Steve McNair

By Rosetta Miller Perry

One of the frequent tactics used by many white publications who want to either obscure or get people to forget about negative things they’ve done is to publish a mea culpa article after they’ve done a lot of damage that they hope overshadows everything they’ve written up to that point. The Tennessean did this with an interesting article from sports columnist Joe Rexrode that said Steve McNair should be remembered more for his great bodily sacrifices on the football field and his charitable work in the community than anything else, and that those who were continuing to harp on his past transgressions were wrong.

That’s fine, and the Tennessee Tribune certainly shares in that sentiment. But that’s too late for the Tennessean, and it really makes one wonder what’s going on when that same newspaper has already run a series of columns and features not just replaying the events of a decade ago that resulted in McNair’s death, but even posting a timeline that laid out everything by day, then piling on with more stories raising the issue of whether his past was keeping him out of the College Hall of Fame, or another one that said the vast majority of people weren’t letting his past sully their view of him, which is a good thing considering it seems the Tennessean is obsessed with revisiting the tragedy.

First, let’s look objectively at whether there was a journalistic need for even reviewing those awful incidents. We suppose one can argue that there’s news value in recycling yet again the details of his death, and putting back into print material and accounts that by now have been published and recited multiple times by multiple publications, web sites, even ESPN and Sports Illustrated broadcasts and podcasts. But we’ll concede there’s a remote possibility there’s a valid journalistic reason for bringing it back for maybe one story.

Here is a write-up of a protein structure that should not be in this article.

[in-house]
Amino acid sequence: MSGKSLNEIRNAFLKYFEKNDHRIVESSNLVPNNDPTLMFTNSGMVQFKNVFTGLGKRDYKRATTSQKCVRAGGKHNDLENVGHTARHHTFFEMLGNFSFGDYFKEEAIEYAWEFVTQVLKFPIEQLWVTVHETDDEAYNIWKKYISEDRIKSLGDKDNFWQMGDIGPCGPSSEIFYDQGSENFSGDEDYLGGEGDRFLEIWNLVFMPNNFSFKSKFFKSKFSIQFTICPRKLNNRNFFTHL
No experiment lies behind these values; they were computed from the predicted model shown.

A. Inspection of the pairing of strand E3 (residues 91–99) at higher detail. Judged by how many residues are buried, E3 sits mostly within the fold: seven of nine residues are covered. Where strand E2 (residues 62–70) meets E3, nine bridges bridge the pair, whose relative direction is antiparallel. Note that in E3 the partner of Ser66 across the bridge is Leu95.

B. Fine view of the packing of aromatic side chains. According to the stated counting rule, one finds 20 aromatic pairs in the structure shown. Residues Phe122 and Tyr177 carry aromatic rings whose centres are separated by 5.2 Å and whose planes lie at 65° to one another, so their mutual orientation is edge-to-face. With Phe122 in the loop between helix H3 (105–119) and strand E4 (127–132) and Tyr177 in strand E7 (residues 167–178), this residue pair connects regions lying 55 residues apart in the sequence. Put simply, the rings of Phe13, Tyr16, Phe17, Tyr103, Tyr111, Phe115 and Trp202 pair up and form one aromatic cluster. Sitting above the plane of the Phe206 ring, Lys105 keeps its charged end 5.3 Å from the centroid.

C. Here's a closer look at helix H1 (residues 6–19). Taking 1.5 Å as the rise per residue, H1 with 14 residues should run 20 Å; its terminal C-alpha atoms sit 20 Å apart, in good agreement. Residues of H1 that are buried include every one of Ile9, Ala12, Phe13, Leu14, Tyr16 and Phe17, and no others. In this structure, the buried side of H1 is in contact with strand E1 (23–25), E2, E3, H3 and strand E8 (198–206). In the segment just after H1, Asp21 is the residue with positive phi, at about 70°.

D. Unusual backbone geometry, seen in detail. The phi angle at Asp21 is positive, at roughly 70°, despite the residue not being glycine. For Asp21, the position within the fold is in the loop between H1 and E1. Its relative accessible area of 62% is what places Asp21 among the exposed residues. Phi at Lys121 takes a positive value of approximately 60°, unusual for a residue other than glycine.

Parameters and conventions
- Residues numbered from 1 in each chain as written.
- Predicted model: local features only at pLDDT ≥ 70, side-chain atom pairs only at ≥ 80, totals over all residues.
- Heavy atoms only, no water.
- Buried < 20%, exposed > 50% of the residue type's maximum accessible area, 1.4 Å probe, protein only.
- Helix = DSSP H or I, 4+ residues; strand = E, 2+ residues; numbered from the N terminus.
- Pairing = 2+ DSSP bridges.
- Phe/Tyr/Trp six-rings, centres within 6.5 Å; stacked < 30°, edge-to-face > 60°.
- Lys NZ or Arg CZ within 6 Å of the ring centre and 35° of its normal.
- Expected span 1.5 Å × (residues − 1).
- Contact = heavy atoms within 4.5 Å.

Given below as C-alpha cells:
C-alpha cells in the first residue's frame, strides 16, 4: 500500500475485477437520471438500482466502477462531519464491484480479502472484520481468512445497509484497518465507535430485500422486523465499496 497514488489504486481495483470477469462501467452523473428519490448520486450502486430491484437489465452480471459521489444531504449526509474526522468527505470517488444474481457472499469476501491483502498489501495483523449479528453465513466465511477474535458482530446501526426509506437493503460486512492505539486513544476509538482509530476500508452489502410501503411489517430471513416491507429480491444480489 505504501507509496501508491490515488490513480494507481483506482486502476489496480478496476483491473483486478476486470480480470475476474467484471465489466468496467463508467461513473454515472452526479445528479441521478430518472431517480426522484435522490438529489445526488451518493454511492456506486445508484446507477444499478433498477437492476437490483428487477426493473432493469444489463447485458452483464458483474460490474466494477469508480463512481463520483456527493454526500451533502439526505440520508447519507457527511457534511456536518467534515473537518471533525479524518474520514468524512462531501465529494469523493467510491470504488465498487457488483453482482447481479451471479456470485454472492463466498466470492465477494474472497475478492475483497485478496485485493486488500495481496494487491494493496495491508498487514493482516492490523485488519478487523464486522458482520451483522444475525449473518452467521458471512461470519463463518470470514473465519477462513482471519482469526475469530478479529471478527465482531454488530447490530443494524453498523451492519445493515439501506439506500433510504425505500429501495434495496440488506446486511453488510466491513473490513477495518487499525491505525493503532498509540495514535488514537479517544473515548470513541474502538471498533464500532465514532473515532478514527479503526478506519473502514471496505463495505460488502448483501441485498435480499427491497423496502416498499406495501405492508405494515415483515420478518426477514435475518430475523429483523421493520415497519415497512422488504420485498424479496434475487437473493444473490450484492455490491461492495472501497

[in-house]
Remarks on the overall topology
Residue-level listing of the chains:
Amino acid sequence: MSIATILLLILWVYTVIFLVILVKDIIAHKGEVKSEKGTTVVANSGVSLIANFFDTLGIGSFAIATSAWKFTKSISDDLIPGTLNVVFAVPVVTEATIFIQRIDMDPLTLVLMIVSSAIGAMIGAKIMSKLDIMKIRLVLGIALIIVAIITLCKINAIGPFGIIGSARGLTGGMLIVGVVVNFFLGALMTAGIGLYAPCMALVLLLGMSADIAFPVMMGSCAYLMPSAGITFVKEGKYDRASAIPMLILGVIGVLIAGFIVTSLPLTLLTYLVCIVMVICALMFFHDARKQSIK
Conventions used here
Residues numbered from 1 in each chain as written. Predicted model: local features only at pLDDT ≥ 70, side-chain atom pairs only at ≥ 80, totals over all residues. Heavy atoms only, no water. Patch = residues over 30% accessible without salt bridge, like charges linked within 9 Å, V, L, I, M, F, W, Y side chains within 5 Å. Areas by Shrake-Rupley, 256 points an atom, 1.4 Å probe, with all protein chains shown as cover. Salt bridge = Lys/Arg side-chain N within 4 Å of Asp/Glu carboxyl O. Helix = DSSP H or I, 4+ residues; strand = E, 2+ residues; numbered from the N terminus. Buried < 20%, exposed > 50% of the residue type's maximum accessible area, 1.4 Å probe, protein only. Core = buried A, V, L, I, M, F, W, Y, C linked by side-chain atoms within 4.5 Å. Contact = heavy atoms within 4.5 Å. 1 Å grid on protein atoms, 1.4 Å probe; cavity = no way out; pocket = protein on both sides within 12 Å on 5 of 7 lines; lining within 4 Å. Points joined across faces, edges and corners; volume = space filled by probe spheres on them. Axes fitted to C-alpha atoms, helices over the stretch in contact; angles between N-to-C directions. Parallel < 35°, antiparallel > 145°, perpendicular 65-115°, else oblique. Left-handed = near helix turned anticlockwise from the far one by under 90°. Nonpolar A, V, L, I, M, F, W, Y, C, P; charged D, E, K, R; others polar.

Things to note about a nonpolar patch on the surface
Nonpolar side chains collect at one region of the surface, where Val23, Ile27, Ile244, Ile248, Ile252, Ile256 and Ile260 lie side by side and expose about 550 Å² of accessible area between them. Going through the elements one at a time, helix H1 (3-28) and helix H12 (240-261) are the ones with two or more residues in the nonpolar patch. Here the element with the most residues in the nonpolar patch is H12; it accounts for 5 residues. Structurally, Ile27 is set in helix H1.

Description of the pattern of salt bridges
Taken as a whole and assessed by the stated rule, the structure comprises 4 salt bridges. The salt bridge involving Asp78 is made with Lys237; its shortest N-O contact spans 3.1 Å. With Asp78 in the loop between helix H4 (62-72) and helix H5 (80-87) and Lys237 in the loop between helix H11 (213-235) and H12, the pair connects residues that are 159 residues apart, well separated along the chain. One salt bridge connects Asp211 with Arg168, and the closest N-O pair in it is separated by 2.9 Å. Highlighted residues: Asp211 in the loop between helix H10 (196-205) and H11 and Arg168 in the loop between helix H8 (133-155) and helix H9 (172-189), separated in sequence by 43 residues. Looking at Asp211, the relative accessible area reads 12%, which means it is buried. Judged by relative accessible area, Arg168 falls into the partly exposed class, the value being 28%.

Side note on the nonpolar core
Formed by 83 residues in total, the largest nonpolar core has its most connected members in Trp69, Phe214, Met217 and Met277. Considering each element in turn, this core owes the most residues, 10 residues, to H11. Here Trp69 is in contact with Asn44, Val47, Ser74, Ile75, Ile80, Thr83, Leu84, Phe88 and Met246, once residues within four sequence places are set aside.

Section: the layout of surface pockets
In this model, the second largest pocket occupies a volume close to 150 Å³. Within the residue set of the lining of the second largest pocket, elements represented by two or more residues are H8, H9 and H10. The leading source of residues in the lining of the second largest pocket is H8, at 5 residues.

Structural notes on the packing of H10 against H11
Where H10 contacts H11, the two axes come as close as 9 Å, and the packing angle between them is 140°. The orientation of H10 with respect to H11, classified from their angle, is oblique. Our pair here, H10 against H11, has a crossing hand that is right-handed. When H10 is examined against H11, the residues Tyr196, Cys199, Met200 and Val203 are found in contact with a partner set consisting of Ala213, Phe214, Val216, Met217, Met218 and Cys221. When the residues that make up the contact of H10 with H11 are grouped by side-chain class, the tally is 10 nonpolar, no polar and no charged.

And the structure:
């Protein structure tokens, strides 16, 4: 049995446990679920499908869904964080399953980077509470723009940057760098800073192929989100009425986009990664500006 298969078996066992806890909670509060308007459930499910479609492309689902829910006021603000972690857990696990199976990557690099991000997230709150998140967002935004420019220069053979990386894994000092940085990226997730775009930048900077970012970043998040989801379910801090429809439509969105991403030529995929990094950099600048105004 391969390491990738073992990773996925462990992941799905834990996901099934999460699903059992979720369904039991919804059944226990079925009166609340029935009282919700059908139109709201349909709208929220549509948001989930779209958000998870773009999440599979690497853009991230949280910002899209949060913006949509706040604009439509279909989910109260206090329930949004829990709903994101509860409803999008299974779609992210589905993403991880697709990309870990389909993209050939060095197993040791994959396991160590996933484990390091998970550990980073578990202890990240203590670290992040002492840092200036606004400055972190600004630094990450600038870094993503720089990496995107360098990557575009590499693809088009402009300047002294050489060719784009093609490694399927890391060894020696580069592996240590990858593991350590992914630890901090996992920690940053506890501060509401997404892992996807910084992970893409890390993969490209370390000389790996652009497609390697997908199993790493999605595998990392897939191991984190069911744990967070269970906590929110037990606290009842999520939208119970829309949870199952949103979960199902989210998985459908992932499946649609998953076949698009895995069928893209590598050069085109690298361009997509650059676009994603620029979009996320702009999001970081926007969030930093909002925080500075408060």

But MULTIPLE stories? What’s the value in constructing a timeline to blare out each day of the tragedy? Why the revisiting and speculation  about something that happened over a decade ago, and has already been the subject of lurid expose type stories so many times there’s nothing new to tell. If the Tennessean had uncovered fresh details or previously unpublished information, that would merit all those new stories. But all they did was tell the same story over, dressed up with catchy headlines and unanswered implications and questions. They didn’t offer the public or their readers one iota of fresh material.

Steve McNair’s tragic death has been the source of far too much lurid speculation, dubious broadcasts, and innuendo. After 10 years, it’s way past time publications stopped bringing that up every time they do a story about him. His number is rightly being retired this season by the Titans, and they should have done it long before now. He took that team to heights they hadn’t been before and haven’t come close to reaching since, and to be frank, he should have been able to retire as a Titan instead of going to another team. But he wasn’t, and that’s to the shame and detriment of the Titans franchise. At least they’re trying to straighten things out now by retiring his number.

It’s also time for the Tennessean and all other white publications to stop reprinting and rewriting the same old mean spirited evil stuff in an attempt at grabbing new attention and publicity. No matter how many different ways you write the same headlines and repackage the same information, all you’re doing is sullying and denigrating the memory of someone who wasn’t perfect, but also doesn’t deserve to have his many good things obliterated by constant recalling of his flaws.

Honor Steve McNair the right way. Credit him for his achievements. Let people remember the good things. No, it doesn’t excuse or erase the bad, but that wasn’t and shouldn’t be considered anywhere near as important as all the positive things he did and what he meant to this community. Remember he has children who loved him and must read what is really trash from my favorite majority newspaper in Tennessee.  Shame on you Tennessean, give my race the respect we deserve as we buy your newspaper even though you continue to denigrate us almost daily.